3. Watch Yourself Not Others

It is easy to pay attention to those that we want to be like but often miss who we are all together. One of the biggest things that freed me up in my own personal creative process was to start evaluating what I am doing and not worry about what others are doing. I mentioned it before, but I would spend more time watching others and never paying attention to what I was doing. I would buy resources that others recommended, tried to follow their creative process, and even took notes like they would. It wasn’t until I started to realize that this was just not cutting it and that my ways are okay that I started to free up my creativity and started to move forward with my creative process.

These are just a couple of ways I discovered my creative process. I would love to hear how you have discovered your creative process. I am sure that you are rich with helpful tips.

Share with the community: How have you discovered your creative process?


Be sure to check out all the other fine folks that are participating in this extravaganza of creative process blog carnival. Read more here 

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Kyle Reed

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I create websites, conversations, and ideas. Advocate for the 20 somethings. Looking to connect everyone to a mentor. Married to my best friend, Ginny. I like my coffee black and my dog Jack. I currently live in Nashville and work at Sony Music/Provident in Nashville
  • JamesBrett

    my best advice for creativity is to ride an eagle to work or kidnap your kids’ imaginary friends.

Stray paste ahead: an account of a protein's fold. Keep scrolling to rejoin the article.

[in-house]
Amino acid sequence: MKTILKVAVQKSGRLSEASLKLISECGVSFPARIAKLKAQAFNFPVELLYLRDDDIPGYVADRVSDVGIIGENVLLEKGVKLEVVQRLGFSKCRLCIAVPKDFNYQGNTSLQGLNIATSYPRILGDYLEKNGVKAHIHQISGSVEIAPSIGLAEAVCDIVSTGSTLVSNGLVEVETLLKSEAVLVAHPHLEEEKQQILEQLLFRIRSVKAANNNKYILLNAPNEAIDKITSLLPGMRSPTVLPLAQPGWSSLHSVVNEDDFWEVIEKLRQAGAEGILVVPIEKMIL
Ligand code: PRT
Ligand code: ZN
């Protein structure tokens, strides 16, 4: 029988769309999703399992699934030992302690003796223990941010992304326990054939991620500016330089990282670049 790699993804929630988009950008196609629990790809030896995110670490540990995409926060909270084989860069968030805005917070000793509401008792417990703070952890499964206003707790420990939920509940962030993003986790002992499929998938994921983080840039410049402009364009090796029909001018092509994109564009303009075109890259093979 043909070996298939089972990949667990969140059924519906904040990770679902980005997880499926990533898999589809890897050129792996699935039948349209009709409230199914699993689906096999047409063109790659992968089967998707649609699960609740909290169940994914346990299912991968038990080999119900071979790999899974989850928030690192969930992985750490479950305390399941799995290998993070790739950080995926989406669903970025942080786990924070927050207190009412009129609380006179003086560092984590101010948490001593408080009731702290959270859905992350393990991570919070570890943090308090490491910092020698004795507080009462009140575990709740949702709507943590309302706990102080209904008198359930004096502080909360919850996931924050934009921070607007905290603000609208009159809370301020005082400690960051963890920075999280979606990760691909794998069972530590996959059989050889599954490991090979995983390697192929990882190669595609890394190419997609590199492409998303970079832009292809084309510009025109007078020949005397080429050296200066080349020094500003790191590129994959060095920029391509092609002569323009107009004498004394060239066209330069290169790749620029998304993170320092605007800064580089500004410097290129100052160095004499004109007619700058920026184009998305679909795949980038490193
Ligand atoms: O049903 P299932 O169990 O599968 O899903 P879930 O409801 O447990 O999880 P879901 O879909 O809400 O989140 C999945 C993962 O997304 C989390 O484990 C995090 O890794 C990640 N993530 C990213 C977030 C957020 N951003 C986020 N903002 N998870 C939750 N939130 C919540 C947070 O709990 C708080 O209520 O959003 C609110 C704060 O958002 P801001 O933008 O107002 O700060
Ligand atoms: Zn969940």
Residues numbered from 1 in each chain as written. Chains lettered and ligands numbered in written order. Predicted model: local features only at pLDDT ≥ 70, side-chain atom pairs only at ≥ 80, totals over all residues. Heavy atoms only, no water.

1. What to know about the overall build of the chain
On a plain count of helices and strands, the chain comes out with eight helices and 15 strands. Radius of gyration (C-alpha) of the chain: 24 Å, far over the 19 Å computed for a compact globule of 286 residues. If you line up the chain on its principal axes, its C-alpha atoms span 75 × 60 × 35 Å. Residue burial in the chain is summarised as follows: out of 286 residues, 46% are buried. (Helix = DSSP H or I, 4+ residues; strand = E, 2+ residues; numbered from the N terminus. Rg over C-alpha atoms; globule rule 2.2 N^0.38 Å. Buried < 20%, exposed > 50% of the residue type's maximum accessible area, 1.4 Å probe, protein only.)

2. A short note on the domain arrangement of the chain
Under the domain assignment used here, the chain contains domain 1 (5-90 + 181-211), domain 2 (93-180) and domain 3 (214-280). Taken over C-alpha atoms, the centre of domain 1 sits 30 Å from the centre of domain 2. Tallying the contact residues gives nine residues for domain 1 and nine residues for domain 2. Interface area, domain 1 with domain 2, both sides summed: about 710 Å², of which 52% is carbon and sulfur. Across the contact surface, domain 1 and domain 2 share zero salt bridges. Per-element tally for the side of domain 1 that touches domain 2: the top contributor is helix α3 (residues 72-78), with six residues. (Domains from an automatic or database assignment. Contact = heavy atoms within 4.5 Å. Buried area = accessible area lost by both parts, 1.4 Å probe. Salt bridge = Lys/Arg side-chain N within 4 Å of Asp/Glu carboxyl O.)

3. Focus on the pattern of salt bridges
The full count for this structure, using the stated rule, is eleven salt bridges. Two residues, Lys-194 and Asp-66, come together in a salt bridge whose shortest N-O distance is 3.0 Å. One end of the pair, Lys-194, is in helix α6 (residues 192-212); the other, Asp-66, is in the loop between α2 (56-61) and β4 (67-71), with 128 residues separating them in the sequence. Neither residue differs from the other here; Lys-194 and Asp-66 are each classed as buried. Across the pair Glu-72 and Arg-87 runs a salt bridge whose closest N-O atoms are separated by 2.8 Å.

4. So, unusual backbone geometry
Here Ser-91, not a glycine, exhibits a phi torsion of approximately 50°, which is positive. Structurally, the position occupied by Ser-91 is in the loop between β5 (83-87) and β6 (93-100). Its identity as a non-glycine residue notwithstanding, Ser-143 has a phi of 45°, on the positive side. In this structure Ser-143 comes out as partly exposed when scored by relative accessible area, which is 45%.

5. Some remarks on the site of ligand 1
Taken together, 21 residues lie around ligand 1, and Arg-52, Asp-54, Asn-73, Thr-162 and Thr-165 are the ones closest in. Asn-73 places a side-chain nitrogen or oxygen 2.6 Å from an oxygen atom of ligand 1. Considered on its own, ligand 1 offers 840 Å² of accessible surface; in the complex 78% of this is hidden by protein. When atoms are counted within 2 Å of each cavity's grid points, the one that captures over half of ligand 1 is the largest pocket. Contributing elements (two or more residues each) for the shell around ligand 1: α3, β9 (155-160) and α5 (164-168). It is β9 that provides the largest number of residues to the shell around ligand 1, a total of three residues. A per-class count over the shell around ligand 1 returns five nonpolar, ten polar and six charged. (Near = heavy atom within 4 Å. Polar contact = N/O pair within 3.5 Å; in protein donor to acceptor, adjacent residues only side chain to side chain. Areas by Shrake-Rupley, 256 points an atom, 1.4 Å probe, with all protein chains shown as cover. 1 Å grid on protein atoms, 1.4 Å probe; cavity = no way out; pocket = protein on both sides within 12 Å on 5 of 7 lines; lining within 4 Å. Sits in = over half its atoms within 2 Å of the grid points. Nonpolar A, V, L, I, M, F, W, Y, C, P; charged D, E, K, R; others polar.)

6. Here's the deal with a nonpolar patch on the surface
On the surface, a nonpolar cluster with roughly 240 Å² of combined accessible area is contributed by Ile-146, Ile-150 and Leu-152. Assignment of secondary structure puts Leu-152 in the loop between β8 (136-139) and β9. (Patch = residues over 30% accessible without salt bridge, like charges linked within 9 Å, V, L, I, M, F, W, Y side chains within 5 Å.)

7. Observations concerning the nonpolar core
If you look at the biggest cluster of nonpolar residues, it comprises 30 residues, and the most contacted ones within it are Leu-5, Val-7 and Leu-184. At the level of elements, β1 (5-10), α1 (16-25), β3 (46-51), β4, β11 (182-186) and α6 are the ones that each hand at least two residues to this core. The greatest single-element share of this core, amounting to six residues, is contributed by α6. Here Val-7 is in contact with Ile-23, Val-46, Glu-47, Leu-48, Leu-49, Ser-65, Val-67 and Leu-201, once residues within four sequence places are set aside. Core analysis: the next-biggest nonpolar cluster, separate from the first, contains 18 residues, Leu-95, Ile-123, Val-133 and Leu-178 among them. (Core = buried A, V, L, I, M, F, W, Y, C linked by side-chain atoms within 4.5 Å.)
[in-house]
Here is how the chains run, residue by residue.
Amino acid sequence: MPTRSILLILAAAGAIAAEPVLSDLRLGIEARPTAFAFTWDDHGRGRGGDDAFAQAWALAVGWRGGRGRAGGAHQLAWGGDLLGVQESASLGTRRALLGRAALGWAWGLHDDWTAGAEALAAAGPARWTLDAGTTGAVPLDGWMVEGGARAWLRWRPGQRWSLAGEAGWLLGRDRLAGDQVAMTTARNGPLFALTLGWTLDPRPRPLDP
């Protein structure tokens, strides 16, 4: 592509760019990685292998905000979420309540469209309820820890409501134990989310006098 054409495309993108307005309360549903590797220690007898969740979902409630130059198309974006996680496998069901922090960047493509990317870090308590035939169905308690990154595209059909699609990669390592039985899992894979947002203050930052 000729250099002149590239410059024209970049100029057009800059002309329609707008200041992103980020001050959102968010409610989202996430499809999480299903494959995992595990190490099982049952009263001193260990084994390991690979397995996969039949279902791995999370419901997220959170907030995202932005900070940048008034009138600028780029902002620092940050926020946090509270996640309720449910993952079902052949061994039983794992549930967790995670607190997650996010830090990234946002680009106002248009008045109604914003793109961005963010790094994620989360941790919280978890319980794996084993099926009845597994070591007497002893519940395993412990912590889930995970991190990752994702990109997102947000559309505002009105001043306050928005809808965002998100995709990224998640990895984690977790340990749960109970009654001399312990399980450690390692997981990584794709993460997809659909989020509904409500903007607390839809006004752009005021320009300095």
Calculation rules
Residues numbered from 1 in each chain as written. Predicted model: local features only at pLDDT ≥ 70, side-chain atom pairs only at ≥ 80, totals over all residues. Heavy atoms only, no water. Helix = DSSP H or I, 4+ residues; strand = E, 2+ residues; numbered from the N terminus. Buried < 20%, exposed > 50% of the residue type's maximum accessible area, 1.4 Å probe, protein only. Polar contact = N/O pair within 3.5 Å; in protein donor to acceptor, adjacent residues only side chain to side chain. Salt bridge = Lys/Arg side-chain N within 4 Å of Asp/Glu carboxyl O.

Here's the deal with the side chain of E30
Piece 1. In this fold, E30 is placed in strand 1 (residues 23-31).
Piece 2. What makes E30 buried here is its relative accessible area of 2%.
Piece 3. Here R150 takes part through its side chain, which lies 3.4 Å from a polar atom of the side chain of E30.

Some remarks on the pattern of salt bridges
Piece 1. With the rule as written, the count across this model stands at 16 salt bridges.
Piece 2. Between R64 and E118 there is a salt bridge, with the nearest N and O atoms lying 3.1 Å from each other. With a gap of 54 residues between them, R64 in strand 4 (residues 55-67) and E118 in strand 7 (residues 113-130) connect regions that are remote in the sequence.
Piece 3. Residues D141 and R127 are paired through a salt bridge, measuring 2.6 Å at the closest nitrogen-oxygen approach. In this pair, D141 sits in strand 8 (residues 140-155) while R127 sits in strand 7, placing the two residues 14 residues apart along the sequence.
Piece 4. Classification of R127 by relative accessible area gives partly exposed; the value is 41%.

i wrote a blog post about it here:

    i like the blog, kyle.  this is my first time to come over and check it out.  i found you not too long ago by way of pete wilson’s (i think) blog — and made a note to check out your site when i got a chance.  good stuff.

    • @kylereed

      thanks James, appreciate you stopping in.

      And that eagle stuff sounds epic, going to read about it now

  • David Santistevan

    Good thoughts, Kyle. I actually wrote today on a slightly different perspective about how we need others to help us discover our creative process. I know I never would have thought of myself as creative or been inspired to try new things if it wasn’t for others. We just need to be careful that we’re not defined by what others are doing. We have a unique role to play.

    • @kylereed

      exactly. Figuring out how we play a part in the over arching story is huge.
      Finding the balance is the difficult part. 

      • David Santistevan

        I think part of it is fusing your past and your present together. You have a history, a story to tell. Others can influence you but what they’re doing can’t define you.

  • MichaelDPerkins

    Love #3. For me that’s the most important thing to do. I used to get caught up in what everyone else was doing & my stuff suffered. I even quit handwriting posts cause some ridiculed me. That was dumb.

    I’m to the point where I will watch from afar, but I could care less about what they are doing. I stick to what I do. Really enjoyed your take on this.

  • Jon Fulk

    These are great tips, Kyle!  I especially like the second one.  I think I’ll start asking my friends that question and see where it goes.